January 31, 2010

Booz & Company Publish Paper Titled ‎ ‎“ICT for a Low Carbon World: Activism, Cooperation, Innovation” During ‎Davos‎

Estimates suggest the ICT sector will account for 3% of greenhouse-gas emissions by 2020, however the real potential ‎to be leveraged is the positive environmental impact the ICT sector could have on other sectors through developing ‎‎“Green” ICT solutions; which could help reduce global carbon emissions by about 15% (by 2020)‎.

In collaboration with the World Economic Forum, Booz and Company; in a workshop during Davos ‎presented a paper titled “ICT for a low carbon world: Activism, Cooperation, Innovation”. The paper highlights that ‎Companies operating in the information, communications, and technology (ICT) sector have a unique opportunity to ‎trigger significant environmental benefits by upgrading their operations and by developing greener products and ‎services for their clients. To date, the ICT sector has taken a fragmented approach to green ICT solutions, which could ‎harm the sector’s prospects to positively contribute to the environmental agenda and could limit the sector’s growth. ‎Worse, it could leave ICT companies in the position of reacting individually and defensively to patchwork regulatory ‎measures imposed by governments, according to a new study by Booz & Company in partnership with the World ‎Economic Forum.‎

ICT Can Contribute to Change

The ICT sector is growing considerably on a global scale, but as more and more people enter the digital age, the ‎environmental impact of ICT will only get worse, generating rapid increases in the carbon footprint of some subsectors. ‎Estimates suggest that ICT companies will have contributed roughly two percent of the planet’s total greenhouse-gas ‎emissions in 2009, and total ICT emissions are on track for an increase by 2020 to three percent of global emissions. ‎‎“The sector faces a clear imperative to reduce its direct footprint by reducing the energy consumption of its products ‎and by minimising waste derived from them,” stated Karim Sabbagh, a partner at Booz & Company.‎

However, ICT companies can trigger much larger environmental change by enabling energy efficiency in other sectors. ‎ICT therefore is in a unique position in regard to climate change. Just as the sector’s products can have a multiplier ‎effect in increasing efficiency and productivity among its clients, it can trigger leveraged reductions in emissions among ‎those clients as well, by creating products and services that allow them to more effectively monitor energy use, identify ‎inefficiencies, and transform value chains to become more eco-friendly. The Smart 2020 report, an analysis of ICT’s ‎effect on climate change that was commissioned by the Global e-Sustainability Initiative, estimates that ICT could ‎enable a reduction of up to 15 percent of global emissions by 2020.‎

“In addition to environmental benefits, there are significant economic opportunities for ICT products and services in the ‎sustainability category, but despite this potential, the ICT sector, usually known for cutting-edge solutions, is not yet ‎driving the sustainability agenda,” commented Danny Karam, a senior associate at Booz & Company.‎

In order to improve sustainability throughout the sector, industry-leaders must respond to four imperatives. Only by ‎working on all of these will companies in the ICT sector make the most of all environmental and economic ‎opportunities. ‎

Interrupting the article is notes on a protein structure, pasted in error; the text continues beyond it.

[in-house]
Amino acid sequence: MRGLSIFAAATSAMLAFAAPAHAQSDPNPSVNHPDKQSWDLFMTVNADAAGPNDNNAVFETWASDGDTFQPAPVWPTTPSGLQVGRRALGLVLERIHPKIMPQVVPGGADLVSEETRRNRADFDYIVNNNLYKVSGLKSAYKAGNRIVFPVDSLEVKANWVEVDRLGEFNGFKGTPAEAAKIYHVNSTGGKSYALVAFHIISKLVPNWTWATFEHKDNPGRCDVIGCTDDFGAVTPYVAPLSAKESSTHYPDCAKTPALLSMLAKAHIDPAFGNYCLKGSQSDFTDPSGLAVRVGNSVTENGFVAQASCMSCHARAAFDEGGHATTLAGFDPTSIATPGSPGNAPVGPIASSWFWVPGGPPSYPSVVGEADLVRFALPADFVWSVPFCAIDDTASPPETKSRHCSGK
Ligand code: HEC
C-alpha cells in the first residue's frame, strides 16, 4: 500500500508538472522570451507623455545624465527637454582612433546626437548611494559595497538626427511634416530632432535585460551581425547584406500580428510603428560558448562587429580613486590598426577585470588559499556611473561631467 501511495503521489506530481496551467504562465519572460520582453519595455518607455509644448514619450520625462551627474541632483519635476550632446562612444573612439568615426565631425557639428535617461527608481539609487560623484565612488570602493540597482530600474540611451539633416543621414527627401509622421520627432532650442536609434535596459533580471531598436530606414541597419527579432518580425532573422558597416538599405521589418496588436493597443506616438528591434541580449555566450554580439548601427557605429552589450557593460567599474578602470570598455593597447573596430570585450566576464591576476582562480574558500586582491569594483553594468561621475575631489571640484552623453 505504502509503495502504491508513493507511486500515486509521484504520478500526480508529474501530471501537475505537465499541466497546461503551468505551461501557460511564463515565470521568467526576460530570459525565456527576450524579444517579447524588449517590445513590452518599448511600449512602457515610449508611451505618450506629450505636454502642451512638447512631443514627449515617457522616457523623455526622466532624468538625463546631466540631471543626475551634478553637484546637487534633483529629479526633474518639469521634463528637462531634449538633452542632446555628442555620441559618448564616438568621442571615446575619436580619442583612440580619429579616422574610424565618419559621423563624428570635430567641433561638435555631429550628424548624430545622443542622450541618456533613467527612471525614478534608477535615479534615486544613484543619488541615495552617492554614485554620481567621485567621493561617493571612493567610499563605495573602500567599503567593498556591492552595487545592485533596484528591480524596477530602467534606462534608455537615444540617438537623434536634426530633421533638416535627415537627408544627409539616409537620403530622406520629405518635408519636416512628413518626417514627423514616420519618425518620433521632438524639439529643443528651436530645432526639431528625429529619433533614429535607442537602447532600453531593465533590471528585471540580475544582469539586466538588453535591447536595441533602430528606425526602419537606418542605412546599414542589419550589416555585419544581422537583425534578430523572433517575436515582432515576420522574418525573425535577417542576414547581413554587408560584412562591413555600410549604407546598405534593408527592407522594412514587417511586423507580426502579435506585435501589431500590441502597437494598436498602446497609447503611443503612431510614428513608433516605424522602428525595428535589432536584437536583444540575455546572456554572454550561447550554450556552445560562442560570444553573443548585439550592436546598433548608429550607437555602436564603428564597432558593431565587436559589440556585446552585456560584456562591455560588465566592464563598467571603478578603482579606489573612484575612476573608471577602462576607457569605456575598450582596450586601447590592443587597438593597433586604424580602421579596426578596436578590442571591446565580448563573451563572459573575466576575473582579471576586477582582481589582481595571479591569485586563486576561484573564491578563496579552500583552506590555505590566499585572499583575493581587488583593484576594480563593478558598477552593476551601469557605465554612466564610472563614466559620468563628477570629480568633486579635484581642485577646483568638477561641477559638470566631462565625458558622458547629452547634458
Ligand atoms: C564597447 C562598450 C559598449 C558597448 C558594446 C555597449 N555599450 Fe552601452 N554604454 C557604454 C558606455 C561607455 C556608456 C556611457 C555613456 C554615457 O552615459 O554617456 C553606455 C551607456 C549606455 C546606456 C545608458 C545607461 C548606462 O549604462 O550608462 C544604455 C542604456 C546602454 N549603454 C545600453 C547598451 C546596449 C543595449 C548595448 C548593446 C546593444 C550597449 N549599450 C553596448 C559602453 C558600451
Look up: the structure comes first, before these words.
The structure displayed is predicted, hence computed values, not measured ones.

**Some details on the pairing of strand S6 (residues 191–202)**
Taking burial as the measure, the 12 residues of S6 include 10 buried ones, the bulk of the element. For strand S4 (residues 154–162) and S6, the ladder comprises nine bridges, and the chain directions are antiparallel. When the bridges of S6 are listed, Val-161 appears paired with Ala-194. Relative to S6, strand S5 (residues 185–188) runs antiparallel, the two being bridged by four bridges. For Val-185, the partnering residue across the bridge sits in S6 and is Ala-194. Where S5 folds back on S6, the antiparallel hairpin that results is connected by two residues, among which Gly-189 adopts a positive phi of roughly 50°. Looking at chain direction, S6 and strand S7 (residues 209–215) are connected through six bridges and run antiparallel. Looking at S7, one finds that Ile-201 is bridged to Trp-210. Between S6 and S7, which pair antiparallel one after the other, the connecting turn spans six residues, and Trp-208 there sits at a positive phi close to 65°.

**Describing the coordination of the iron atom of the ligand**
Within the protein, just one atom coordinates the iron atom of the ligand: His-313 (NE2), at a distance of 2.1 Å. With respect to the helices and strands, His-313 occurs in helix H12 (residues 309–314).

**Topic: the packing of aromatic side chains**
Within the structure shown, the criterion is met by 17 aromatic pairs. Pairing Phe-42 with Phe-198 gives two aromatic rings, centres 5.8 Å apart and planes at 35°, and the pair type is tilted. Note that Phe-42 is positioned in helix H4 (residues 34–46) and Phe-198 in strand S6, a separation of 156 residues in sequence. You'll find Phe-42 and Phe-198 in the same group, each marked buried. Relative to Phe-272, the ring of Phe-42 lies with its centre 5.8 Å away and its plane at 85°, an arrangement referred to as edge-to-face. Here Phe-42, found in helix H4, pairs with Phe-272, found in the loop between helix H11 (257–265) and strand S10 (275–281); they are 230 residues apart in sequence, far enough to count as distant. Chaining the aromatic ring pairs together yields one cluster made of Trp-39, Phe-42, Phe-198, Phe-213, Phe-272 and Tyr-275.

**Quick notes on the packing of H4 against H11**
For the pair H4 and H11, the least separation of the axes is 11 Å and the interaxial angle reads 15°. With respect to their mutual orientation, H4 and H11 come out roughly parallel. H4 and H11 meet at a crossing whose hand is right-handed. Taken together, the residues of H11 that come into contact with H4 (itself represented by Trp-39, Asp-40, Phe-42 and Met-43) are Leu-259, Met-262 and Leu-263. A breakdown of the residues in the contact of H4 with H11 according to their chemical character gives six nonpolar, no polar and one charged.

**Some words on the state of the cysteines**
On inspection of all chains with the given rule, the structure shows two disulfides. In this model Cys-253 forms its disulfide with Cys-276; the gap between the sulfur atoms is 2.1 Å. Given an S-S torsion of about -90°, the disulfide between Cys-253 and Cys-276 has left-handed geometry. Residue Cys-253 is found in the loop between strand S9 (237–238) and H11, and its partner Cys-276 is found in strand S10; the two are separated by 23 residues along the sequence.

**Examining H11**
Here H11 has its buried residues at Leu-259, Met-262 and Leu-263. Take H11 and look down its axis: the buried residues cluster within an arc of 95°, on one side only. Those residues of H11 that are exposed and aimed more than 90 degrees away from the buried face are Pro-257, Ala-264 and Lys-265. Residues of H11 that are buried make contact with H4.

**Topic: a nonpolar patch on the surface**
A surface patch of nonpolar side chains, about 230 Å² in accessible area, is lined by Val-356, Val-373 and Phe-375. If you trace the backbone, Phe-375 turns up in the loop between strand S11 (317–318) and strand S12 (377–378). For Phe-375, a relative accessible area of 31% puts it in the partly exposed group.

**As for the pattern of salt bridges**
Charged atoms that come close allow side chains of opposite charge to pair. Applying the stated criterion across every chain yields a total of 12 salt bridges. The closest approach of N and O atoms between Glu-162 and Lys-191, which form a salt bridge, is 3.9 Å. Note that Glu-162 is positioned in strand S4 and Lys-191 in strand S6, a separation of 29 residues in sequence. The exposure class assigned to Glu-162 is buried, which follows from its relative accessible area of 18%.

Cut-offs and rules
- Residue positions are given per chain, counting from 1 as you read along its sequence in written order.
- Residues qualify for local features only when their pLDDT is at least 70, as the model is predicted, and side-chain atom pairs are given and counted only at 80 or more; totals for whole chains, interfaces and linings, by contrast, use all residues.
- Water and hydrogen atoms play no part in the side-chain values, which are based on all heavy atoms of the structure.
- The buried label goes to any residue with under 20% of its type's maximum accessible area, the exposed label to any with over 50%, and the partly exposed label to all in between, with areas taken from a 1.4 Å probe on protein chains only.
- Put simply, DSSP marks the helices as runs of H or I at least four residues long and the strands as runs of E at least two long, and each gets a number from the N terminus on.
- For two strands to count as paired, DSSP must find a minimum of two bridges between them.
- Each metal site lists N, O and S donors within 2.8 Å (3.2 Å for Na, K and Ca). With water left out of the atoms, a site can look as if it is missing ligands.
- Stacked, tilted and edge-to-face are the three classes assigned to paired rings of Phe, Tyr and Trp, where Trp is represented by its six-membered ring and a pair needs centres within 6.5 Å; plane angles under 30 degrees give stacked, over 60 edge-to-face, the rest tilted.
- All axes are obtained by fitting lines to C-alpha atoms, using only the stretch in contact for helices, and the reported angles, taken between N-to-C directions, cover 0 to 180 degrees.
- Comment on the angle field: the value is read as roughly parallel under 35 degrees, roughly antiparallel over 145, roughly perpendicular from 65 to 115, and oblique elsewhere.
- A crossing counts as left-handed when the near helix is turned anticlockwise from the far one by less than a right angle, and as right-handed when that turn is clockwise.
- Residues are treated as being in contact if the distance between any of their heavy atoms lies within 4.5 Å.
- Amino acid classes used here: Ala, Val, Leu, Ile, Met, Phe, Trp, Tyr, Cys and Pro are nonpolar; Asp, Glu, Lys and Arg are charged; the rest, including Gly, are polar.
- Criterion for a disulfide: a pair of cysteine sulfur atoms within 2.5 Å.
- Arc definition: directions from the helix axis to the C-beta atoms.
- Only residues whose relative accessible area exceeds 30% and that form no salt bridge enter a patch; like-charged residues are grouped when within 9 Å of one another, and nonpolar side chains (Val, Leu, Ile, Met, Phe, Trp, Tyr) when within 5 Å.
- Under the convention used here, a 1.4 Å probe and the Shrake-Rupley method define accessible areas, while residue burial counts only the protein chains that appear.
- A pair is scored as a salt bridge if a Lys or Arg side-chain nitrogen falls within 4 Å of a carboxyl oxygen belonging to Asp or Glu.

Innovate: Companies must develop new ICT solutions to address environmental issues. The recently announced ‎Green Touch initiative, a global consortium organised by the Bell Labs research arm of Alcatel-Lucent which consists ‎of service providers, academic research labs, government and NGOs, and industrial labs, falls into this category. The ‎goal of Green Touch is a thousand-fold increase in the efficiency of communication networks and aims to assemble ‎reference network architecture and other necessary components within five years.‎

Grow: ICT players must adapt, enhance and grow ICT solutions to address green issues. For example, VMware ‎increased the market penetration of its virtualisation technology in part by demonstrating its environmental impact. ‎

Measure: Although several measurements exist to gauge the impact of green initiatives on a company’s internal ‎operations, none consider the leveraged effects of ICT products and services on a company’s overall client base. ‎

Enable: ICT players must work in conjunction with governments to establish a regulatory structure that can facilitate ‎the innovation and growth of green ICT solutions. ‎

Measures of Activism

Individual ICT companies have adopted a host of strategies to address climate change and other green issues, which ‎can be considered along an environmental activism spectrum consisting of four dimensions. “By looking at key ‎performance indicators along all four, an environmental activism index (EAI) can be assembled that allows companies’ ‎environmental efforts to be quantified and compared to each other,” said Gregor Harter, a partner at Booz & Company. ‎These include: ‎

  • Operational consciousness: This measures the degree to which a company takes steps to improve the sustainability ‎and environmental impact of its own operations. Key performance indicators include the carbon footprint from the ‎company’s internal operations, the percentage of equipment with an environmental certification, the percentage of ‎energy consumed from renewable resources, and the percentage of employees using eco-friendly travel alternatives. ‎

  • Product consciousness: This measures the extent to which a company considers the sustainability and impact of its ‎products. Key performance indicators include the carbon footprint of products, the percentage of toxic materials ‎contained within them, the percentage of suppliers audited for eco-friendly products and practices, the percentage of ‎recycled and recyclable materials used in manufacturing, and the percentage of sales that come from eco-friendly ‎channels. ‎